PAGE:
4 Most Common Treadmill Injuries and How to Prevent Them

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A Treadmill is a perfect option when the weather is terrible, or you’re stuck at home with kids. Thus, a treadmill is an excellent way to exercise, especially for those who cannot readily get outside to walk or run.

However, Running on a treadmill is not the same as running on the street or road, and those who don’t understand the distinctions and make sure they’re safe might damage themselves. 

Experts have noticed that people who use the treadmill as their primary training ground have specific injury patterns. So if you use a treadmill as part of your training routine, follow these tips to maintain a healthy body and keep your mind cheerful.

4 Most Common Treadmill Injuries and Prevention Tips

Foot Injuries

The overuse of your foot muscles causes the majority of treadmill-related foot injuries. Plantar fasciitis, for example, is a frequent foot injury among treadmill users, particularly runners.

Intermetatarsal Neuroma: This is more likely in those who wear ill-fitting shoes or shoes with boxed-in toes. Many strain their calf muscles on the incline or, worse, don’t warm up adequately before using the treadmill.


  • Although good stability running shoes might be costly, they are an essential investment for training workouts. Your feet and ankles will be supported in the correct shoes, making it much easier to run with good form.
  • If you’re running on a treadmill, make sure your stride is rapid and short. Exercisers should raise their feet to reduce the impact power carried to the legs by the treadmill’s moving belt.
  • Don’t run barefoot on your treadmill. The tread belt of a treadmill moves, making it hard to maintain balance without shoes. So if your feet sweat, your tread belt will quickly become slippery. And therefore don’t expect that running in your socks will help. You’re going to fall off your treadmill.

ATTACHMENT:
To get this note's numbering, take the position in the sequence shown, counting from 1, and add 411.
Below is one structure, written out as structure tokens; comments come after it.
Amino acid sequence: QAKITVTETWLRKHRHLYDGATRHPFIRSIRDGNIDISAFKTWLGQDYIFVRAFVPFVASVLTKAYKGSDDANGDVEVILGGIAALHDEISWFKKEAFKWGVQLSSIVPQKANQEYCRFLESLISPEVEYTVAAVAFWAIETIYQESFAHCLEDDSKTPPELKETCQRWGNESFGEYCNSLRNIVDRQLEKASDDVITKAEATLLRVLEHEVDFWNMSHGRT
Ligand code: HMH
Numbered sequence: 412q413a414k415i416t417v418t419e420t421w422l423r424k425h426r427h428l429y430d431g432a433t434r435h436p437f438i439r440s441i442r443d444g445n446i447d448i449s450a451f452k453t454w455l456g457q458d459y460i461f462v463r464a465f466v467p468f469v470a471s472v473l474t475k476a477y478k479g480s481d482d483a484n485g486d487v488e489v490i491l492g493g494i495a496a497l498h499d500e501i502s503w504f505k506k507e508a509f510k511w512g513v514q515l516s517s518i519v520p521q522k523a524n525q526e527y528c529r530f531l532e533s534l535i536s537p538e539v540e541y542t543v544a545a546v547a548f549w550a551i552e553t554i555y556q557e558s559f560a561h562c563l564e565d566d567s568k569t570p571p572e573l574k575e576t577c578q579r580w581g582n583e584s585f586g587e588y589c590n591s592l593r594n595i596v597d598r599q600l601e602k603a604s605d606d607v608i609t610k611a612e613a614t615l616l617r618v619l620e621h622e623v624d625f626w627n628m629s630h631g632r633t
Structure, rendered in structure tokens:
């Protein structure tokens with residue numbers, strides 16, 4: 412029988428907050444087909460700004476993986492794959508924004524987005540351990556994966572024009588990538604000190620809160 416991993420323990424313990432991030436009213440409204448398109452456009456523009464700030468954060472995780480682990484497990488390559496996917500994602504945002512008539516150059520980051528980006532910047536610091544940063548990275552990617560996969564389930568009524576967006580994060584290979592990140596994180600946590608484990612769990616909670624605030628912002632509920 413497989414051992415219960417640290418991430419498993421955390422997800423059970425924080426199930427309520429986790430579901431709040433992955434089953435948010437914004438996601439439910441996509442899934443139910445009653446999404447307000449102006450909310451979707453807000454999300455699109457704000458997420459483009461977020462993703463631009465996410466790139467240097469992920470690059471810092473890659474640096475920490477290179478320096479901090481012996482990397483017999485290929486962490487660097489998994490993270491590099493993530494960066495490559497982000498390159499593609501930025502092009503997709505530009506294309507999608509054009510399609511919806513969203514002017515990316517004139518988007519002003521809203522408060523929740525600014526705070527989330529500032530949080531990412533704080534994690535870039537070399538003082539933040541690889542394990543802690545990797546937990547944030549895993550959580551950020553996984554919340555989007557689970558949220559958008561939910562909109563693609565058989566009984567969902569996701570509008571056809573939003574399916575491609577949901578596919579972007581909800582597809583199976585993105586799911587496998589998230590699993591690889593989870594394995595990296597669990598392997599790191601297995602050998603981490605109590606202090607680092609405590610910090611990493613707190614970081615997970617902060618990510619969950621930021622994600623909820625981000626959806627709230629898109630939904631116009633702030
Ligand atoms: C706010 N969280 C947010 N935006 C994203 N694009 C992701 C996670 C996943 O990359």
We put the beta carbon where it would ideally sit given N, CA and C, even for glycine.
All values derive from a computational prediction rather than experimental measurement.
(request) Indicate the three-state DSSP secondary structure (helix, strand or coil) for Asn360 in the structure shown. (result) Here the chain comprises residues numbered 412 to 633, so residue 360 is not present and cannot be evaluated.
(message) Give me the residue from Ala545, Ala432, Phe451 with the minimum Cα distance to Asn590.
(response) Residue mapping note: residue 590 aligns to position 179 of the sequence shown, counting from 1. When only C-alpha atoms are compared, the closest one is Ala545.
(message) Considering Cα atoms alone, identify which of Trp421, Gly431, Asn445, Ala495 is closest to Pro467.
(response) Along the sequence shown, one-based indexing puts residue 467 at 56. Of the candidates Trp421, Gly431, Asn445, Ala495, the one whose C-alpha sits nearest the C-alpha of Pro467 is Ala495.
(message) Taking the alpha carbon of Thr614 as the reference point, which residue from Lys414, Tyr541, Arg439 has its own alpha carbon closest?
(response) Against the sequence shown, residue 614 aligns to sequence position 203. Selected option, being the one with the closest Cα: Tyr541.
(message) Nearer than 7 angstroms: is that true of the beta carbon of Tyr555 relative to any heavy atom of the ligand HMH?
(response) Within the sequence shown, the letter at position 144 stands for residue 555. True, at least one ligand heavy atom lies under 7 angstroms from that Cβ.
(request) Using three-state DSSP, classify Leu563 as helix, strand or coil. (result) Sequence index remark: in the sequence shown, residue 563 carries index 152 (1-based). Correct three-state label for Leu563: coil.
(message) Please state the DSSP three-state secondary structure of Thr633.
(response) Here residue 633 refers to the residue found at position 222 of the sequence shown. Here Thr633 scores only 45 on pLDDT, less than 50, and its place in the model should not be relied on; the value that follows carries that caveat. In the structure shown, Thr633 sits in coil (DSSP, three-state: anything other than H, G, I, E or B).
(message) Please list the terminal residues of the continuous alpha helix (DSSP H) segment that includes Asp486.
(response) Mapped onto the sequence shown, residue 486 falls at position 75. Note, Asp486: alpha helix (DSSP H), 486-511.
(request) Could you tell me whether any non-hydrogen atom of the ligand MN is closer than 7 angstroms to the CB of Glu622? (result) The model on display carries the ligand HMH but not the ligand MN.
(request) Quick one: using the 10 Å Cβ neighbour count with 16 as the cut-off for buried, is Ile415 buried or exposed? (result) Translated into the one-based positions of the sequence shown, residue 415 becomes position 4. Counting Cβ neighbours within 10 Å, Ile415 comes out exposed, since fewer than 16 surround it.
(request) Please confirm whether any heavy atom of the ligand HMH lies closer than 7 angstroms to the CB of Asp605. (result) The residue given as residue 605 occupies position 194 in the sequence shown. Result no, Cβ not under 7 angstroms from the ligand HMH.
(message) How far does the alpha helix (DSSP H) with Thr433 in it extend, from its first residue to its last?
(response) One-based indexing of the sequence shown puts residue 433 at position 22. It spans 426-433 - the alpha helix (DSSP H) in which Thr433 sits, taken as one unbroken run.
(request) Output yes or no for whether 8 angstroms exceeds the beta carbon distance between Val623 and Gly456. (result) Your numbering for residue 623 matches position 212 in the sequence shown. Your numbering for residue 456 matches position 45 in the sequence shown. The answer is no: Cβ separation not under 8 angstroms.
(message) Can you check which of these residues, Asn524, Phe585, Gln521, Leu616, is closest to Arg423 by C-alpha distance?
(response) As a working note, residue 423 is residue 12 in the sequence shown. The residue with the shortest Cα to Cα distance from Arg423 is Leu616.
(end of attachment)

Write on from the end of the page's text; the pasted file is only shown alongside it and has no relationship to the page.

• Before going on the treadmill, please take a quick look down to make sure your laces aren’t loose and are securely fastened so they don’t come undone throughout your exercise.
  • The treadmill’s inclination can also be a source of irritation. When you run up an incline, your foot has to adapt, modifying how your weight is distributed over your soles. The ligaments, bones, and other structures in the foot might be strained due to this change in weight distribution. Try to reduce the inclination to a more consistent level.

Knee injuries 

You may develop knee issues if you run on a treadmill with poor posture or abnormal gait patterns. Knee problems can result from putting too much strain on the knee. In addition, some people run in a hyperextended position. Twisted knees, sprained knees, and other injuries can result.


  • Plancher Orthopaedics & Sports Medicine’s Dr. Kevin Plancher offers, “Important information on how to effectively avoid knee damage by focusing on a 3 percent inclination level.” Although many treadmills include inclination levels ranging from 0.5 to 12 percent, not all have all of the levels in between. 
  • Don’t overextend/hyperextend your knees.
  • Treadmills might lose part of their shock-absorbing qualities through time and use. Try out a few different treadmills to find one that has a smoother landing. To minimize the stress on your joints, use a well-maintained treadmill.
  • Leaning forward might put additional load on your knees. Instead, lengthen your spine, elevate your chest slightly, bring your abdominal muscles in to cushion your lower back, and pull your shoulder blades down.

Hip injuries 

Most hip injuries, like those in the feet and knees, are caused by overuse. Treadmill users are more likely to get a hip labrum rupture. When the hip muscles are overworked, stiffness, pain, and tendinitis develop. In addition, overuse of hip flexor muscles might cause them to become strained.